To those he still rallies to dissent and activism, however, Seeger remains an inspiration, the unwavering embodiment of progressive idealism. After all, he has been using music to stand up for the disenfranchised and to mobilize their sympathizers since the days of the original American folk-music revival in the 1930s. Once Woody Guthrie’s partner and traveling companion, later the composer of “Where Have All the Flowers Gone” and “Turn, Turn, Turn,” now a friend and mentor to young artists such as DiFranco (who was born after “Turn, Turn, Turn” was written), Seeger has lived the whole history of activist culture as we know it.
“Pete has always been unafraid to stick his neck out and say what he believes in,” says Ramblin’ Jack Elliott, the folksinger and fellow Guthrie protégé. “Pete has been the single most important force of inspiration and courage to several generations of people—musicians and their audiences—because he gave them the spirit and the courage to go out and protest against the war.”
Pete Seeger is, in many ways, the Reagan of the left: a sunny idealist, amiable and grandfatherly, unyieldingly devoted to a few simple ideas, a nostalgist whose worldview often seems frozen in the era of his own coming-of-age. He’s a polarizing figure who incites deep loyalties among his fans and equally deep antagonism among his detractors. Unlike Reagan, though, Seeger is still among us—indeed, fighting with renewed zeal. At the same time, he is up against more than Bush, the military, and the conservative establishment; he is confronting his own legacy and his mortality.
It is a coincidence that the river town from which Pete Seeger has long served as a guiding light to progressive activists is called Beacon. He and Toshi, his wife of 61 years, have lived on a few acres of wooded hillside overlooking the Hudson since 1949, when Seeger began clearing trees with an ax he’d been given by a leftist youth organization. With instructions he found in the New York Public Library and some help from hardy young admirers, he built a log cabin now occupied by one of his six grandchildren, the musician Tao Rodriguez Seeger. He later added a hodgepodge of connected ante-buildings—a kitchen that’s more like a small house, a barn/studio, and a two-story loft— where the elder Seegers live and work today. Peering between garments drying on a set of clotheslines drawn between elm trees, Seeger gazed out at his view and shook his head. “There used to be a beautiful 19th-century village down there,” he said. “It has been ruined by the scam of urban development. After a while, an oil company constructed a big tank along the banks of the river to provide fuel for the developers, and today there are dozens of the things. They seem to be propagating.”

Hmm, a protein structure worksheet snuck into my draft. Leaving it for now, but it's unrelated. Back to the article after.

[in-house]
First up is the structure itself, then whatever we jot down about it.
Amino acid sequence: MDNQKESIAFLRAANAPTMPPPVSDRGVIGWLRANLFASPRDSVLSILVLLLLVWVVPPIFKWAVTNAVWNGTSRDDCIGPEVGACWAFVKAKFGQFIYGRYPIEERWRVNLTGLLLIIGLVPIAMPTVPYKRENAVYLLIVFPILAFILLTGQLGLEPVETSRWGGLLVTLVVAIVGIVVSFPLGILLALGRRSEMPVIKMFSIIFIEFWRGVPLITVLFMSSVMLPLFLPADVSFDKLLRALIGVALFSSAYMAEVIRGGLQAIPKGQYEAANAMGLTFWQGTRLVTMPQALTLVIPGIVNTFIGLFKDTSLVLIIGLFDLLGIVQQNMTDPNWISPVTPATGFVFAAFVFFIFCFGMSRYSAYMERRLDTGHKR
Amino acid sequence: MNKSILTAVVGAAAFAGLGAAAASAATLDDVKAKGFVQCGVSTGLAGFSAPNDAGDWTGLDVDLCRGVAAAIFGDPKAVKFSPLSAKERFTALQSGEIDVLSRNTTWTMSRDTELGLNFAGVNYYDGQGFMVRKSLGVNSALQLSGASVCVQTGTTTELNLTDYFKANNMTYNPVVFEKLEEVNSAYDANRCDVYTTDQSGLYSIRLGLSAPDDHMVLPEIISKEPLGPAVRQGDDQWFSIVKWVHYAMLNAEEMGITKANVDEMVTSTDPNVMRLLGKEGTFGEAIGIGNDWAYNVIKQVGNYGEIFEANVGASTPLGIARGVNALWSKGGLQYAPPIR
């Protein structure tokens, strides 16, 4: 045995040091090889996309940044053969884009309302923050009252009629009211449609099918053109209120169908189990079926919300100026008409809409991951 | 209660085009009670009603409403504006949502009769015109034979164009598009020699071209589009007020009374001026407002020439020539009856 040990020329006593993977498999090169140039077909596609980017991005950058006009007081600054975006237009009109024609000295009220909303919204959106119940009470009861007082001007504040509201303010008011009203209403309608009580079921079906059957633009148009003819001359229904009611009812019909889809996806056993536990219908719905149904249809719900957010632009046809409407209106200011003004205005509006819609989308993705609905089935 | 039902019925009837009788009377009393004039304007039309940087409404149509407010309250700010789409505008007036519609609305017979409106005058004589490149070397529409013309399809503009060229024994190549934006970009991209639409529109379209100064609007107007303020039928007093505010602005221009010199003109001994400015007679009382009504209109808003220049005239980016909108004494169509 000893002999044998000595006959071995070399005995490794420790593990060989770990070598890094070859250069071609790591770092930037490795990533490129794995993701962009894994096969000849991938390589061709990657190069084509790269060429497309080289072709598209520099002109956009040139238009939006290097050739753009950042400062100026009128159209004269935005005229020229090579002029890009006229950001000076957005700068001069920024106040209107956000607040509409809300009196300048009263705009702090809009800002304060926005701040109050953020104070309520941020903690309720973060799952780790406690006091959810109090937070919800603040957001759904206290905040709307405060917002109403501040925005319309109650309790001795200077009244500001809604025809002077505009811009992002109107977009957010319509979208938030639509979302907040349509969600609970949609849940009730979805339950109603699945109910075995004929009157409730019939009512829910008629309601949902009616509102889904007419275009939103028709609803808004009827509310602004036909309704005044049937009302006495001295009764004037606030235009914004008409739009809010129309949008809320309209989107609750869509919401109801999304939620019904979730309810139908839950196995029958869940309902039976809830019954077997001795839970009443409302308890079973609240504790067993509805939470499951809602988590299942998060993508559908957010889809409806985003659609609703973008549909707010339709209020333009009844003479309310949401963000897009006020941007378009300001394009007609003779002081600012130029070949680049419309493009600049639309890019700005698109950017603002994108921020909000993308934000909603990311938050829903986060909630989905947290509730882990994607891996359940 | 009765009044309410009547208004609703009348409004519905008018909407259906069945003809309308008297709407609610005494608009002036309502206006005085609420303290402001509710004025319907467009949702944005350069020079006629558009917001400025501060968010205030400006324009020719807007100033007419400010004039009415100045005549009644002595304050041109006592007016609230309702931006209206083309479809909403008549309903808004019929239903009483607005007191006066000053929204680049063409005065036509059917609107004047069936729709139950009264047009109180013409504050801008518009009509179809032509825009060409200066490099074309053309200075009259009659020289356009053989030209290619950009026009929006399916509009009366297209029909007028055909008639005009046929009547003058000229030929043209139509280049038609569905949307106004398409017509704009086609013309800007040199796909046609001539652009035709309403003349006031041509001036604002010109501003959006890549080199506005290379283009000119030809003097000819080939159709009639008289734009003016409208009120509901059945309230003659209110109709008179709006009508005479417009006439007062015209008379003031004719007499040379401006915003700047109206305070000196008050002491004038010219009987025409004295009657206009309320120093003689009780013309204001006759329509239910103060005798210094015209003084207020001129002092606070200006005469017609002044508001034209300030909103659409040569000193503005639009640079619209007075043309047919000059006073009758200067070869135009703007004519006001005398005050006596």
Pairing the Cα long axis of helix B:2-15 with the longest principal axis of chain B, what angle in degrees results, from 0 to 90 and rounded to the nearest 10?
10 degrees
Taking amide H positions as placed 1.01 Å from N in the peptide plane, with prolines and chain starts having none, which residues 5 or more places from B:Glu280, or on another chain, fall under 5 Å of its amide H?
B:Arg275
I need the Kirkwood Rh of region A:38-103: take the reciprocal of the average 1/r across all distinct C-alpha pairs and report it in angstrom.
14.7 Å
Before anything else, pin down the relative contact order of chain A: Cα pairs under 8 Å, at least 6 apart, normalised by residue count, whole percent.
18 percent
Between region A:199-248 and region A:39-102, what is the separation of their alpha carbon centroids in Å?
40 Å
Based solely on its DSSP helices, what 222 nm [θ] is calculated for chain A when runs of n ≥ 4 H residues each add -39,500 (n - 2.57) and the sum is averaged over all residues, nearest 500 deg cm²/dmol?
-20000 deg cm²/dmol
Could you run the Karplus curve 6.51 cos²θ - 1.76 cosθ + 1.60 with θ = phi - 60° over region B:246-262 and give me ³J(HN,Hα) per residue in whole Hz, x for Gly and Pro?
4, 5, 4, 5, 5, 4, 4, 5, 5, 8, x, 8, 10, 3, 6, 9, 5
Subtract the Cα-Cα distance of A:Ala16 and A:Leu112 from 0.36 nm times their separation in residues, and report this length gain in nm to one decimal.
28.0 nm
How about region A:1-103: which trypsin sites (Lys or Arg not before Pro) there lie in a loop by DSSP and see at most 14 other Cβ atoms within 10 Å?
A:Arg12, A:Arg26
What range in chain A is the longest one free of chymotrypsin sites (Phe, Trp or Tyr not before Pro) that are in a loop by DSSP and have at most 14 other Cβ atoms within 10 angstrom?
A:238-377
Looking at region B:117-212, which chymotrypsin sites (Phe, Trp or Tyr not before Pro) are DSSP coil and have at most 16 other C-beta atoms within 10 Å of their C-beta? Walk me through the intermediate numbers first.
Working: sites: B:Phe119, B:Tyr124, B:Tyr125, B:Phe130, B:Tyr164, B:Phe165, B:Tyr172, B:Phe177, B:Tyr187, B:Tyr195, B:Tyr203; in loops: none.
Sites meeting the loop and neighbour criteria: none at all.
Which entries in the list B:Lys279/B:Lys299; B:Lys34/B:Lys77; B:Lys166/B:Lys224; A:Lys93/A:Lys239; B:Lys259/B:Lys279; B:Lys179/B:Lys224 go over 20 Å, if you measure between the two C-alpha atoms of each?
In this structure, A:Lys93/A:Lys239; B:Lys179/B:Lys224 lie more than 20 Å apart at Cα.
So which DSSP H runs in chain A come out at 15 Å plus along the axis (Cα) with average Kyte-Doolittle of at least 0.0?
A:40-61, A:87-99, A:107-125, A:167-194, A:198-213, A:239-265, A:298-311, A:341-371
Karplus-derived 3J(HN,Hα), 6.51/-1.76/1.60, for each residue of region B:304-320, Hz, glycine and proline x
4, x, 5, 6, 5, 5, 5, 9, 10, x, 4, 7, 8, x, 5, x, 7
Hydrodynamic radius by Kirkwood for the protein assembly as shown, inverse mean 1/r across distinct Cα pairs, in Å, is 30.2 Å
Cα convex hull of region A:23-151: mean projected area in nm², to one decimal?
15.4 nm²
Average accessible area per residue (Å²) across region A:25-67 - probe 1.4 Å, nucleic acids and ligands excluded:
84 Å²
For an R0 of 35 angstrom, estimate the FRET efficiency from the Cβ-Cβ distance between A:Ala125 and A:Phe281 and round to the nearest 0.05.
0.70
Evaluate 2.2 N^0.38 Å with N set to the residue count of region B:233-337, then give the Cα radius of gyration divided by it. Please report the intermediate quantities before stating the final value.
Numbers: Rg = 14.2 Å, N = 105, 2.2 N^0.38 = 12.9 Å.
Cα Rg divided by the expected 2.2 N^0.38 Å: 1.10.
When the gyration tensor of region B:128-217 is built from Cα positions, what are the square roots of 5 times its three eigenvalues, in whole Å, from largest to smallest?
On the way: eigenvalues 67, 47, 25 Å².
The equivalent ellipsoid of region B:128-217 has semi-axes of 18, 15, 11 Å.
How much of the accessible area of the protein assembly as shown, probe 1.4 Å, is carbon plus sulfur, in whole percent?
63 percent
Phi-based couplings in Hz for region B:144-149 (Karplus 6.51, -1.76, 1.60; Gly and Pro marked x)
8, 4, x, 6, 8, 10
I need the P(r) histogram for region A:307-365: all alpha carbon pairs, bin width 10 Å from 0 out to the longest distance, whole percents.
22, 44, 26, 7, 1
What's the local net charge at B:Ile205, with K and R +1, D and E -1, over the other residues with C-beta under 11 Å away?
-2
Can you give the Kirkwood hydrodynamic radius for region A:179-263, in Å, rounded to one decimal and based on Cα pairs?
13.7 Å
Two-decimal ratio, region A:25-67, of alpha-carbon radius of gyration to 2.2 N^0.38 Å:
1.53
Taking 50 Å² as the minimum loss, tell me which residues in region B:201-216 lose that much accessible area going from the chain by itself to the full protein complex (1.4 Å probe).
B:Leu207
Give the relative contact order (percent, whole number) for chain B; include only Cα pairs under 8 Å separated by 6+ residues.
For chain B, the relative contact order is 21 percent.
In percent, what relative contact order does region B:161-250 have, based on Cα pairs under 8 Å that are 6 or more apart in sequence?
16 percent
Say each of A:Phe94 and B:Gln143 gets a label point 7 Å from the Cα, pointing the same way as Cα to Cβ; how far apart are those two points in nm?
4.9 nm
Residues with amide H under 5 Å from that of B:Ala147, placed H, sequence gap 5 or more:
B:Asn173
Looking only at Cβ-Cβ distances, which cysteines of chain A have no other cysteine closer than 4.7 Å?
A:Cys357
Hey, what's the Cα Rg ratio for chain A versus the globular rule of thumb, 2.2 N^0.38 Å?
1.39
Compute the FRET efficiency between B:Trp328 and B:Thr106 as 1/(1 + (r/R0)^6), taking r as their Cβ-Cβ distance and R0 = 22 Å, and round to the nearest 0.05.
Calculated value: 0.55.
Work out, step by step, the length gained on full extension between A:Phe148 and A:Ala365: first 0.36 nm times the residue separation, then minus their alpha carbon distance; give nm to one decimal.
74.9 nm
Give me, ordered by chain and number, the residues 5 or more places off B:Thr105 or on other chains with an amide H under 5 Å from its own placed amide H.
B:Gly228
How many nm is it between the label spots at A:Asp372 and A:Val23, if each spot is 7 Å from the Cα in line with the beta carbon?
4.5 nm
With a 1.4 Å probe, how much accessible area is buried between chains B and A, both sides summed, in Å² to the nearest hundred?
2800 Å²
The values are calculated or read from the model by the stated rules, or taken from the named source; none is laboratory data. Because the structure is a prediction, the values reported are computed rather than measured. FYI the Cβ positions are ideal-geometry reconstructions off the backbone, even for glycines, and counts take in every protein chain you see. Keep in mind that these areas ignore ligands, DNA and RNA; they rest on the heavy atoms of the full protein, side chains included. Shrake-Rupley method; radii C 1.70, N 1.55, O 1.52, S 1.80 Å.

Seeger tends to function, now as ever, from a well of deep, politicized convictions about how things ought to be. In his campaign against the ongoing American military presence in Iraq, he works daily in his office on the second floor of the loft. There, on an afternoon in June, he made and fielded calls to and from DiFranco, Dar Williams, Holly Near, and Guy Davis, all of whom had agreed to perform at this year’s Clearwater Festival. While the complex business of planning the two-day event transpires at Clearwater’s home office in nearby Poughkeepsie, Seeger has always been the festival’s de facto leader and the steward of its creative quotient.
“I’m up to my ears with Clearwater, and I’m also involved in various other festivals,” said Seeger, sitting at a gray steel desk built decades ago for use in the corporate world. The mere sight of Pete Seeger at an office desk is unnerving; it seems like digital trickery, like an image of Dick Cheney at a hootenanny. “I’ve found that festivals are a relatively painless way to meet people and make a few points that need making, without having to hit them over the head with too many speeches.”
Seeger picked up the receiver of a red,’60s-vintage desk phone nearly buried in his papers. A lesser-known folksinger from Southern California was calling to offer his services at Clearwater. Seeger was grateful, he said, but the schedule was full. So many people are so fired up these days that there’s not enough room to present them all, Seeger explained. In fact, he joked, he wasn’t sure if there would be room to go onstage himself.
After the call, Seeger leaned back in his chair and returned seriously to the issue of his own performance. “I probably shouldn’t sing at all,” he said. “My voice is gone, I can’t play like I used to or like I want to, and I get awfully tired awfully quick.” All afternoon, he had been carrying a small plastic bottle partially filled with water from his well. Now he slowly unscrewed the lid and lifted the container to his mouth with two hands, the left to steady the right, which was trembling.